He said that if the port were to close for any period of time, or “not to operate effectively, the consequences in humanitarian terms would be catastrophic”.

In her statement, Ms. Fore said that apart from the 300,000 at risk in the city itself, “millions more children throughout Yemen depend on the humanitarian and commercial goods that come through that port every day for their very survival.”

“Without fuel, critical for water pumping, people’s access to drinking water will shrink further, leading to even more cases of acute watery diarrhoea and cholera, both of which can be deadly for small children,” she added.

She urged all parties to the conflict “and all those who have influence over them, to put the protection of children above all other considerations” before concluding that: “Peace should be given a chance. The children of Yemen deserve nothing less.”

the sting Milestone

Featured Stings

Can we feed everyone without unleashing disaster? Read on

These campaigners want to give a quarter of the UK back to nature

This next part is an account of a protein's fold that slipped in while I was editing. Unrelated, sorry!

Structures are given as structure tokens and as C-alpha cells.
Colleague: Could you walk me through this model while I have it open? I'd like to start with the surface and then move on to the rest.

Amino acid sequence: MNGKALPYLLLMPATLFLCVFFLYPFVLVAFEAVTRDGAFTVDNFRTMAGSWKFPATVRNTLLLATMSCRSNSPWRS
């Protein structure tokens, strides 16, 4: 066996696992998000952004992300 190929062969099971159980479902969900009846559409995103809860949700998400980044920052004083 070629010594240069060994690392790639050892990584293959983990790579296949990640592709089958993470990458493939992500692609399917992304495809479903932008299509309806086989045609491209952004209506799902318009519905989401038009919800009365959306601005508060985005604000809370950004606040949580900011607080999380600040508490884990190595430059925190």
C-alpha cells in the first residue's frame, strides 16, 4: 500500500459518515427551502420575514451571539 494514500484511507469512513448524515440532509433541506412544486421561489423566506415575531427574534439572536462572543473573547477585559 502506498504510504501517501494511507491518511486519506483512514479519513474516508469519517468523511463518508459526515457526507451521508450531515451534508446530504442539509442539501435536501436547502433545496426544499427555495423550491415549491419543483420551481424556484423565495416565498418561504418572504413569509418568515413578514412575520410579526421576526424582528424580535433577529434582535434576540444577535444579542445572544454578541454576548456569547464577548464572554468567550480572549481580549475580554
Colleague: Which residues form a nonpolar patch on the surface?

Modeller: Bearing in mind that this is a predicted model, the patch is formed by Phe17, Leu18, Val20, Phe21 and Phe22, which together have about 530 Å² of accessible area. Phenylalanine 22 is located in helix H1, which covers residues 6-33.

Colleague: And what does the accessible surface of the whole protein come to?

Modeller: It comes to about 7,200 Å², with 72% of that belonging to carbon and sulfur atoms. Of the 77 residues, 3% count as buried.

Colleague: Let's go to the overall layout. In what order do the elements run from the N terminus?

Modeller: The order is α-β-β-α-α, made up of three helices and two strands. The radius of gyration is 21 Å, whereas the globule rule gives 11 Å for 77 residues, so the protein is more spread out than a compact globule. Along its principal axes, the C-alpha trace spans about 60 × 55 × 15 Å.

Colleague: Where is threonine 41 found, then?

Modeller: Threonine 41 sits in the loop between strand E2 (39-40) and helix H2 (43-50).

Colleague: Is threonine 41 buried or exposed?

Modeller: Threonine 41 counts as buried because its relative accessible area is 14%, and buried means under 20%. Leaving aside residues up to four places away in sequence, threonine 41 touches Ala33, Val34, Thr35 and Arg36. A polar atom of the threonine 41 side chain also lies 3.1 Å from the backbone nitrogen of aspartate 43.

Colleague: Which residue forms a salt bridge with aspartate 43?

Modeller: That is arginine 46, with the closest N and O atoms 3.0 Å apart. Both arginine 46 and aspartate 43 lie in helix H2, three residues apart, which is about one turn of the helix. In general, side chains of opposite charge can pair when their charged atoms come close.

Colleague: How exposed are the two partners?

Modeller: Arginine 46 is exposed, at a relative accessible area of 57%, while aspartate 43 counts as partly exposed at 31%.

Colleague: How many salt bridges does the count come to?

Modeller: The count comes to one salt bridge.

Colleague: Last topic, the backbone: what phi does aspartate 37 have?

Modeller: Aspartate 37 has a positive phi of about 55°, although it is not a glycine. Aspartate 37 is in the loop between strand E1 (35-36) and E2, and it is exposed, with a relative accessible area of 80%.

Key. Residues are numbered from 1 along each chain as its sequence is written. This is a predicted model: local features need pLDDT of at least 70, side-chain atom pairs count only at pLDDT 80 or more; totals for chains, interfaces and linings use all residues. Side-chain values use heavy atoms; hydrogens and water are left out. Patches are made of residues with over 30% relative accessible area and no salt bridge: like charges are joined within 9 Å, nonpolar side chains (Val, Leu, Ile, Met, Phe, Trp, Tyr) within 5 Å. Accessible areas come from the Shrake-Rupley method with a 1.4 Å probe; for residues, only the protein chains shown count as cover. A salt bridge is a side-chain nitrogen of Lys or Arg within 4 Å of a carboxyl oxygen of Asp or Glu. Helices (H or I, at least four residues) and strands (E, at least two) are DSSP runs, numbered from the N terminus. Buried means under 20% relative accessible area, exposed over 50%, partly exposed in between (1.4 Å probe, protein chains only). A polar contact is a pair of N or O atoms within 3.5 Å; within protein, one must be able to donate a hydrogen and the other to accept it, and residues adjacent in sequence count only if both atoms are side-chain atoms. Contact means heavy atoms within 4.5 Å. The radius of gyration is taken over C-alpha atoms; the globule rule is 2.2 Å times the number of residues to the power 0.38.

How to build a more resilient and inclusive global system

Stopping antimicrobial resistance would cost just USD 2 per person a year

‘Ghost fishing’ is threatening our oceans. Here’s how we can tackle it

Realise the beauty of unity in diversity

How powering food storage could end hunger

MWC 2016 LIVE: 5G to embrace unlicensed bands and Wi-Fi

99 per cent of intravenous drug users lack access to health, ‘social services with dignity’ says UNAIDS chief

Parliament approves €500 million for schooling of refugee children in Turkey

Germany’s strong anti-bribery enforcement against individuals needs to be matched by comparably strong enforcement against companies

We need to change the fast fashion model. Here’s how

5 surprising ways major cities are going green

Central African Republic: UNICEF outlines key actions so fresh peace deal can make real difference for children

How AI is bringing the ‘dark matter of nutrition’ to light, unlocking the power of plants

Summer pause gives time to rethink Eurozone’s problems